Downtown Development Authority Puts Up $1,000 for Downtown Parking Sponsorship
On Tuesday it was announced that the Downtown Development Authority of Casper would be sponsoring free parking in the downtown Casper parking garage, located at 230 South Wolcott Street.
This came in the wake of a month's worth of construction taking place on 2nd street, between David and Durbin streets. Some small businesses in the area criticized the decision to shut down the streets, arguing that doing so would cause massive losses for their businesses. The City of Casper responded to these criticisms, and Crown Construction, the company in charge of the project, stated that they would open the streets to traffic when possible, but there were still issues regarding parking downtown. This has been an issue even before construction started, but the project brought to light, once more, how hard parking downtown really is.
Because of the ongoing construction, the D.D.A. stated that throughout the month of October, they would pay for hourly parking in the downtown garage.
"Honestly, when we were notified that the main street was going to be closed, it just felt like the right thing to do," said Kevin Hawley, Executive Director of the Downtown Development Authority. "It only made sense - if you take away or add an obstacle, it gives us the chance to present a solution."
Hawley said that the D.D.A. used to manage the Wolcott parking garage, but no longer do. The relationship is still there, though, so they reached out to the city and to the contractor who runs the garage now and they offered to put up $1,000 to sponsor free parking for Casper residents who want to spend some time downtown.
"I don't know that people will take advantage of it," Hawley said. "I don't know if it'll be used, but we felt like it was the right thing to do. We didn't want to see any of these small businesses downtown struggle. It's been a tough year-and-a-half for them already. So anything we could do - we thought, 'Heck, we'll sponsor it for a thousand dollars and see if it helps anybody."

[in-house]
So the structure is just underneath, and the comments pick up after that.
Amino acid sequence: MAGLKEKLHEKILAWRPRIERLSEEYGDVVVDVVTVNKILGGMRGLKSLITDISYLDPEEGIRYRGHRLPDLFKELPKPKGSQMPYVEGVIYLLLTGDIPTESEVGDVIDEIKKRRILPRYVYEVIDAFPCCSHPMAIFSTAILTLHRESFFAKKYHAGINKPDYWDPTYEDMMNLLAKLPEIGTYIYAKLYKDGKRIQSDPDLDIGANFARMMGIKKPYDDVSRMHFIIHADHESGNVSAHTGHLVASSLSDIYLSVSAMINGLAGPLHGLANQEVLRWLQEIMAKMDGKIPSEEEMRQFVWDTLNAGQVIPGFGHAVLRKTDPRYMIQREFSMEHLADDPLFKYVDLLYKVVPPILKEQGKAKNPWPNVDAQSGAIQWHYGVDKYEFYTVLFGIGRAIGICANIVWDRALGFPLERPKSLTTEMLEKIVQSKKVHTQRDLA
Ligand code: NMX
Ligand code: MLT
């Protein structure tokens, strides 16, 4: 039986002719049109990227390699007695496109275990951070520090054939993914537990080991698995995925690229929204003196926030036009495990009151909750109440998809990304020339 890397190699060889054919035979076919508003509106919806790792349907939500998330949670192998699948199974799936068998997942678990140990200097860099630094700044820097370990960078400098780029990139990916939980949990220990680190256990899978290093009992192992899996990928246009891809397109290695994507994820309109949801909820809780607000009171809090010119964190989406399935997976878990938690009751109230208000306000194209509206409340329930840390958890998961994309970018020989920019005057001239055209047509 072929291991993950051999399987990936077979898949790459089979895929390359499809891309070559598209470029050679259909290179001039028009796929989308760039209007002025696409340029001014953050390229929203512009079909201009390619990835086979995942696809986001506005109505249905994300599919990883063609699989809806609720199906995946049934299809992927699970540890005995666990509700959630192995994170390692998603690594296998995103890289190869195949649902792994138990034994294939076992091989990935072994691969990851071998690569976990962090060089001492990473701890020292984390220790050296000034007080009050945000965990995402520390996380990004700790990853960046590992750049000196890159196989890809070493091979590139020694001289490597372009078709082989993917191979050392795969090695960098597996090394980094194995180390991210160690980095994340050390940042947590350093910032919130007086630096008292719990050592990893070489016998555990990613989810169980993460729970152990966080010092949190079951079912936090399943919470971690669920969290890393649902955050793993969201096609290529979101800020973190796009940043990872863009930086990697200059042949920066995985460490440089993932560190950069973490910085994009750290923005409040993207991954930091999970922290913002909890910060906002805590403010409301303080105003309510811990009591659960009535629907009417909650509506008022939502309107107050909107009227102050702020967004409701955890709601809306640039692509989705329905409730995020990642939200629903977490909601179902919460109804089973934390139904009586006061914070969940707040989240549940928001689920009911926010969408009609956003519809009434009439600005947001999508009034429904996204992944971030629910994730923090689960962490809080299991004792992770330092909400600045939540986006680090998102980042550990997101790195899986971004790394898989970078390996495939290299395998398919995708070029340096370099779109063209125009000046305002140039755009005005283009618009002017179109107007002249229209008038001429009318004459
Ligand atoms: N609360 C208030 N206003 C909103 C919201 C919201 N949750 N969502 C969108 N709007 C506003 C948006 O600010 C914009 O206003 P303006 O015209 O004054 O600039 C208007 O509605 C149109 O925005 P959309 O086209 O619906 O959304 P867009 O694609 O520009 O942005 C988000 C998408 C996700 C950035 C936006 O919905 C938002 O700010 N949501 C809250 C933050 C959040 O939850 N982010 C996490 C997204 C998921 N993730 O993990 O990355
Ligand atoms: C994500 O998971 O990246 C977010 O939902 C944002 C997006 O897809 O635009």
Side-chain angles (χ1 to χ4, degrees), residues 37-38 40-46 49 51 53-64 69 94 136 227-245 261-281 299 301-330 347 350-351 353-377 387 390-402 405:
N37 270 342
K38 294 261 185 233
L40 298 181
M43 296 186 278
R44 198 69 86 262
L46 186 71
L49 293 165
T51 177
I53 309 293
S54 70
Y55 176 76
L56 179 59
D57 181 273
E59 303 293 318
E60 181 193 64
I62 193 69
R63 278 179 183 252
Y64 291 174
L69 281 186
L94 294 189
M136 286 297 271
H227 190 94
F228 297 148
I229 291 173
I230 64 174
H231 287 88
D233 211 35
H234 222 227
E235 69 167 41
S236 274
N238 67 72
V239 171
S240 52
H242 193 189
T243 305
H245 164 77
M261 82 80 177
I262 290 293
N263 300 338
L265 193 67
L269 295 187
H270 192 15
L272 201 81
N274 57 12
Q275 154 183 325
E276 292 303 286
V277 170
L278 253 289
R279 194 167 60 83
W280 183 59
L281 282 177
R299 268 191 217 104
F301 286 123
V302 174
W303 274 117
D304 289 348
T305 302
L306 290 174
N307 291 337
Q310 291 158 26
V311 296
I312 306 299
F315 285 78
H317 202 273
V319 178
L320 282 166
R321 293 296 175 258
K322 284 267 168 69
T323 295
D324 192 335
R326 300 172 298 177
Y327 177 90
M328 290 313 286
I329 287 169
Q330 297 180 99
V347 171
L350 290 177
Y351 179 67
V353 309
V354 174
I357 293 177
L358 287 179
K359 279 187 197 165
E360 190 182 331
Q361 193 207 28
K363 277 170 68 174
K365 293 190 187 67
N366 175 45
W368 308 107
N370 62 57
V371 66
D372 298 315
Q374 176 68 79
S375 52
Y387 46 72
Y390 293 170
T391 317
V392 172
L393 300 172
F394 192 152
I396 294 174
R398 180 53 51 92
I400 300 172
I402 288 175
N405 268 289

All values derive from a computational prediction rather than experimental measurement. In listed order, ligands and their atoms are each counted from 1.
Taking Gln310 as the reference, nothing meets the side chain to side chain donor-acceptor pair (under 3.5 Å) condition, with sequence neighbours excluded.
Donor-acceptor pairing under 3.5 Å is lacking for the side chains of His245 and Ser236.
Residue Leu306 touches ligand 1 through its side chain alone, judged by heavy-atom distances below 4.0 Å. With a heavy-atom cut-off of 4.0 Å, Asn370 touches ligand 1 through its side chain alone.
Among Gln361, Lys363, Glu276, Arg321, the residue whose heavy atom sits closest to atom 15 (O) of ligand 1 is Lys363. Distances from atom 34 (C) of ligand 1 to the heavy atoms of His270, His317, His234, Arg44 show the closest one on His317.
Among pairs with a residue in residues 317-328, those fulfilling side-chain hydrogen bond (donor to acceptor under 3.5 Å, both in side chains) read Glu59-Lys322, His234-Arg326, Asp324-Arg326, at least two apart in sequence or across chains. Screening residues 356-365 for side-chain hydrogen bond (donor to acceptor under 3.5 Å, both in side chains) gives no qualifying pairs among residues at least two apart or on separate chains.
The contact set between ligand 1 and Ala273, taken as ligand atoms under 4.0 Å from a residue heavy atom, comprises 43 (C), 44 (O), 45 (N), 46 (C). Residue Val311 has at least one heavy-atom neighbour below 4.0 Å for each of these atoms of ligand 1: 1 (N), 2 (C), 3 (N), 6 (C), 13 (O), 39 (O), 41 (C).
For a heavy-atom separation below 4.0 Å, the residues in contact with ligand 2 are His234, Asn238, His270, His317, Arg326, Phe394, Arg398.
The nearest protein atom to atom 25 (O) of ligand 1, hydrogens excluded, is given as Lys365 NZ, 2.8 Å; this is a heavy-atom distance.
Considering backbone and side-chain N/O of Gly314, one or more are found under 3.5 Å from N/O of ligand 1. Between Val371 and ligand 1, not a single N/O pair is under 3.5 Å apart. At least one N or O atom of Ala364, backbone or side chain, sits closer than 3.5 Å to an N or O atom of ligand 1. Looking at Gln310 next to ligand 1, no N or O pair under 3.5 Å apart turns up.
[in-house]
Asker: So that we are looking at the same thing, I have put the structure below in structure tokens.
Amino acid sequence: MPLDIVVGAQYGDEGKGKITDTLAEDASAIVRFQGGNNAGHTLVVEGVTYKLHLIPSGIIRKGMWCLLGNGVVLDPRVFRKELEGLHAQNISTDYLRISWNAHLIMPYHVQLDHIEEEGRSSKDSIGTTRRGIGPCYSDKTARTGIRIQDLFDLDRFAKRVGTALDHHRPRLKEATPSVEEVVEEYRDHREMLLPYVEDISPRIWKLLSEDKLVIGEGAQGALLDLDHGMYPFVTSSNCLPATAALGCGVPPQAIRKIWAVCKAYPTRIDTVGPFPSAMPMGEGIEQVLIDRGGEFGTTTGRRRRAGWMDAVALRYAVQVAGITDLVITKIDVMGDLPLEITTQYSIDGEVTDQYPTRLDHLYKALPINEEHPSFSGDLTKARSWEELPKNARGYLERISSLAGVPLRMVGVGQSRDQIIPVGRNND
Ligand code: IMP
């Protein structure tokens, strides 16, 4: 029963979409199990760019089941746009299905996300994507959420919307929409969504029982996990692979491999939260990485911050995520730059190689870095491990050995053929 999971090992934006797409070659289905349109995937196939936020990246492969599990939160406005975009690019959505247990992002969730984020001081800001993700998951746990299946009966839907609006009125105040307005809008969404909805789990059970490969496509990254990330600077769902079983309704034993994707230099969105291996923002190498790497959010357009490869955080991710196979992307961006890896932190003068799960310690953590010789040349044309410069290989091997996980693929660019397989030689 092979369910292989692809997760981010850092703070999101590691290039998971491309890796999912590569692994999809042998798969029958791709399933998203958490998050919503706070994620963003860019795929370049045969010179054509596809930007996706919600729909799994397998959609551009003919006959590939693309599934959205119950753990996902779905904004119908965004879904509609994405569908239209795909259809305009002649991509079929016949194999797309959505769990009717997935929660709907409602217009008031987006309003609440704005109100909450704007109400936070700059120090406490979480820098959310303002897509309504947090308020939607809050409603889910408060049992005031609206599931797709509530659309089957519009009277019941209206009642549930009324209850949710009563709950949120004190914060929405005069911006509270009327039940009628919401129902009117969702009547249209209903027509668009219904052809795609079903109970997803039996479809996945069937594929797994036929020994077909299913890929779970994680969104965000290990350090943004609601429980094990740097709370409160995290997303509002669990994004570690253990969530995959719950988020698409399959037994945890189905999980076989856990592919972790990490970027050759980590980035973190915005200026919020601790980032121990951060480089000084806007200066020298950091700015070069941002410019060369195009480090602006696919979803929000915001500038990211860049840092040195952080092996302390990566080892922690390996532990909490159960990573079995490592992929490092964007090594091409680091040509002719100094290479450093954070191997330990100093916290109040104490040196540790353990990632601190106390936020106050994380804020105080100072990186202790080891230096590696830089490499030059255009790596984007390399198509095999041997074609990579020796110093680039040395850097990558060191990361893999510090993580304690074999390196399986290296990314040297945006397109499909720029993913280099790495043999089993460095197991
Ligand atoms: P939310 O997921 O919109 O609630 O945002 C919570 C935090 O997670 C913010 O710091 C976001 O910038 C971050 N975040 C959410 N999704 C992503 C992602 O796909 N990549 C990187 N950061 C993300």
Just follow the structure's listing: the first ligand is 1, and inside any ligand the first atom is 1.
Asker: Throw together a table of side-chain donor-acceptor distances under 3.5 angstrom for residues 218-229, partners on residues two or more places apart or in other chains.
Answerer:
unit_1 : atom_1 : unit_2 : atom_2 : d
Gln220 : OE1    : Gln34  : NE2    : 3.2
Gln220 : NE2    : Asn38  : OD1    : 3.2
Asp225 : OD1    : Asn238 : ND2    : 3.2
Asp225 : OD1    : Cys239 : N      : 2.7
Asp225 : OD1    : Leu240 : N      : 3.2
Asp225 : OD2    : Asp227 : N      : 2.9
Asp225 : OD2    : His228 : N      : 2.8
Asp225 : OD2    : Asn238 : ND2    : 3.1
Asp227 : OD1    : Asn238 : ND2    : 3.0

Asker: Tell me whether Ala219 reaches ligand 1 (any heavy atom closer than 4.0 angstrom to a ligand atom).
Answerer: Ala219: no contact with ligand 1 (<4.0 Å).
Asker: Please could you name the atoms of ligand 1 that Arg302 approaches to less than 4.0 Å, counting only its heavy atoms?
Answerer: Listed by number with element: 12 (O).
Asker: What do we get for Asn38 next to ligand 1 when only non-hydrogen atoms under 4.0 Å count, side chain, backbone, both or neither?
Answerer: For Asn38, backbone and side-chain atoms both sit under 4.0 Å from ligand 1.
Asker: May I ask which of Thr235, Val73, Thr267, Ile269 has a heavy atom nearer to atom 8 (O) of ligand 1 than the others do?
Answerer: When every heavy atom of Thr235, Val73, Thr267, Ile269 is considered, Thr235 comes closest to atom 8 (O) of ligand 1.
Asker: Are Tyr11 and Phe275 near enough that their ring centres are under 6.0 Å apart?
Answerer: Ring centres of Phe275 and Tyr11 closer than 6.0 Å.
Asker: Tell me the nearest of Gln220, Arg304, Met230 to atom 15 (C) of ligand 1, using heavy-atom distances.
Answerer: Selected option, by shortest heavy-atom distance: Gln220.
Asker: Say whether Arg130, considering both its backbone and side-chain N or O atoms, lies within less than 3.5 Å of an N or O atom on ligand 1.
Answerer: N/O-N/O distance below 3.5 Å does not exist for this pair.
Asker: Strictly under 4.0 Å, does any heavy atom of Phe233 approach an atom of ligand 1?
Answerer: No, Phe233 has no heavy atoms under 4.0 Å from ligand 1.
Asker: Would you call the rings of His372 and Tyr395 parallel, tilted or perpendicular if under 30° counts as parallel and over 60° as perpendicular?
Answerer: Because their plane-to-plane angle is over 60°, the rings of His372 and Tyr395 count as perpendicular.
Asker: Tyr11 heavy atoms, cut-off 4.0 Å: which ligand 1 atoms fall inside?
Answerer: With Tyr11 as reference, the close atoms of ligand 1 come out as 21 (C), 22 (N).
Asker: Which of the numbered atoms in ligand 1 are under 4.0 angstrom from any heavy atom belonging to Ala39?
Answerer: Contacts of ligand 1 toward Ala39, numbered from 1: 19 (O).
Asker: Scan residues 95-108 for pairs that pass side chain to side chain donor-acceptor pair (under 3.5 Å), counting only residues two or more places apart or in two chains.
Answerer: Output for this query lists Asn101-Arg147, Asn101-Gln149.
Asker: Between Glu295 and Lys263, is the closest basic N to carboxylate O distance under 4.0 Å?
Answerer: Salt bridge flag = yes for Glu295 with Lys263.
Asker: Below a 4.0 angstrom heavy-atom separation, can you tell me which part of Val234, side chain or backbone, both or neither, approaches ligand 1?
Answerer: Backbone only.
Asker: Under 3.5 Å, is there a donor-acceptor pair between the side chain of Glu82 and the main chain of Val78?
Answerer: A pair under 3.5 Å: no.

Hawley said the $1,000 is coming directly from their budget, as well.
"Obviously we didn't know about it or budget for it," he said. "But we can figure out how to shift around some dollars. It wasn't budgeted, but I think it's a thousand dollars well-spent if people utilize it and they continue to come downtown and they're willing to walk the extra block and help support these small businesses and the mom-and-pops and all those unique shops we have downtown. It's one piece that...shame on us if we didn't think of doing that."
Hawley also said that there is a noticeable problem with the current parking structure in downtown Casper. He did note, however, that many of the downtown businesses do, in fact, validate parking.
"A lot of times what we hear is that [customers[ will circle the block two or three times and, if they don't find parking close by, they'll just leave," he stated. "So if the road's closed, you're not going to find parking nearby. Now, you can just go right to the garage, grab a free hourly spot on the lower levels, go do your shopping and get on with your busy day. But I also hope that this brings awareness that every day of the year there's free validation stickers that you can get from participating merchants at that parking garage. So for a couple hours, if you want it to, it's free every day if you get a voucher."
Additionally, the Old Yellowstone District parking lot (across the street from The Gaslight Social) is also available for free parking.
The consensus from the D.D.A., Crown Construction and the City of Casper is that while this construction needed to be done downtown, nobody wanted it to be to the detriment of the local businesses, which is why all three have worked together to minimize the impact felt by downtown shop owners.
"I don't want to say this is the worst street in Casper by anyway means, but it definitely needs work," Hawley pointed out. "We're unbelievably thankful to the city. They could have spent these dollars anywhere, but they decided to invest in downtown."
Hawley said that while it's exciting when new businesses open up downtown, it's equally important to take care of the existing businesses, as well as the overall aesthetic of the downtown scene.
"Everybody always wants to do the ribbon cutting and have the new businesses open and that's all well and good," he stated. "But part of having a healthy downtown is taking care of the existing businesses and clientele that you have. It's nice to have a Donnell's Candy or a Lou Tauberts, as well as supporting the new up-and-comers. I think it's important that the D.D.A champions taking care of what you have first, before worrying about the multi-million dollar expansion efforts and things."
And part of taking care of what we have is fixing what needs to be fixed, including the curbs, the sidewalks, and the streets. Both the City of Casper and the D.D.A. want downtown Casper to continue to thrive and, they said, part of that happening relies on the less glamorous aspects of the area being taken care of as well.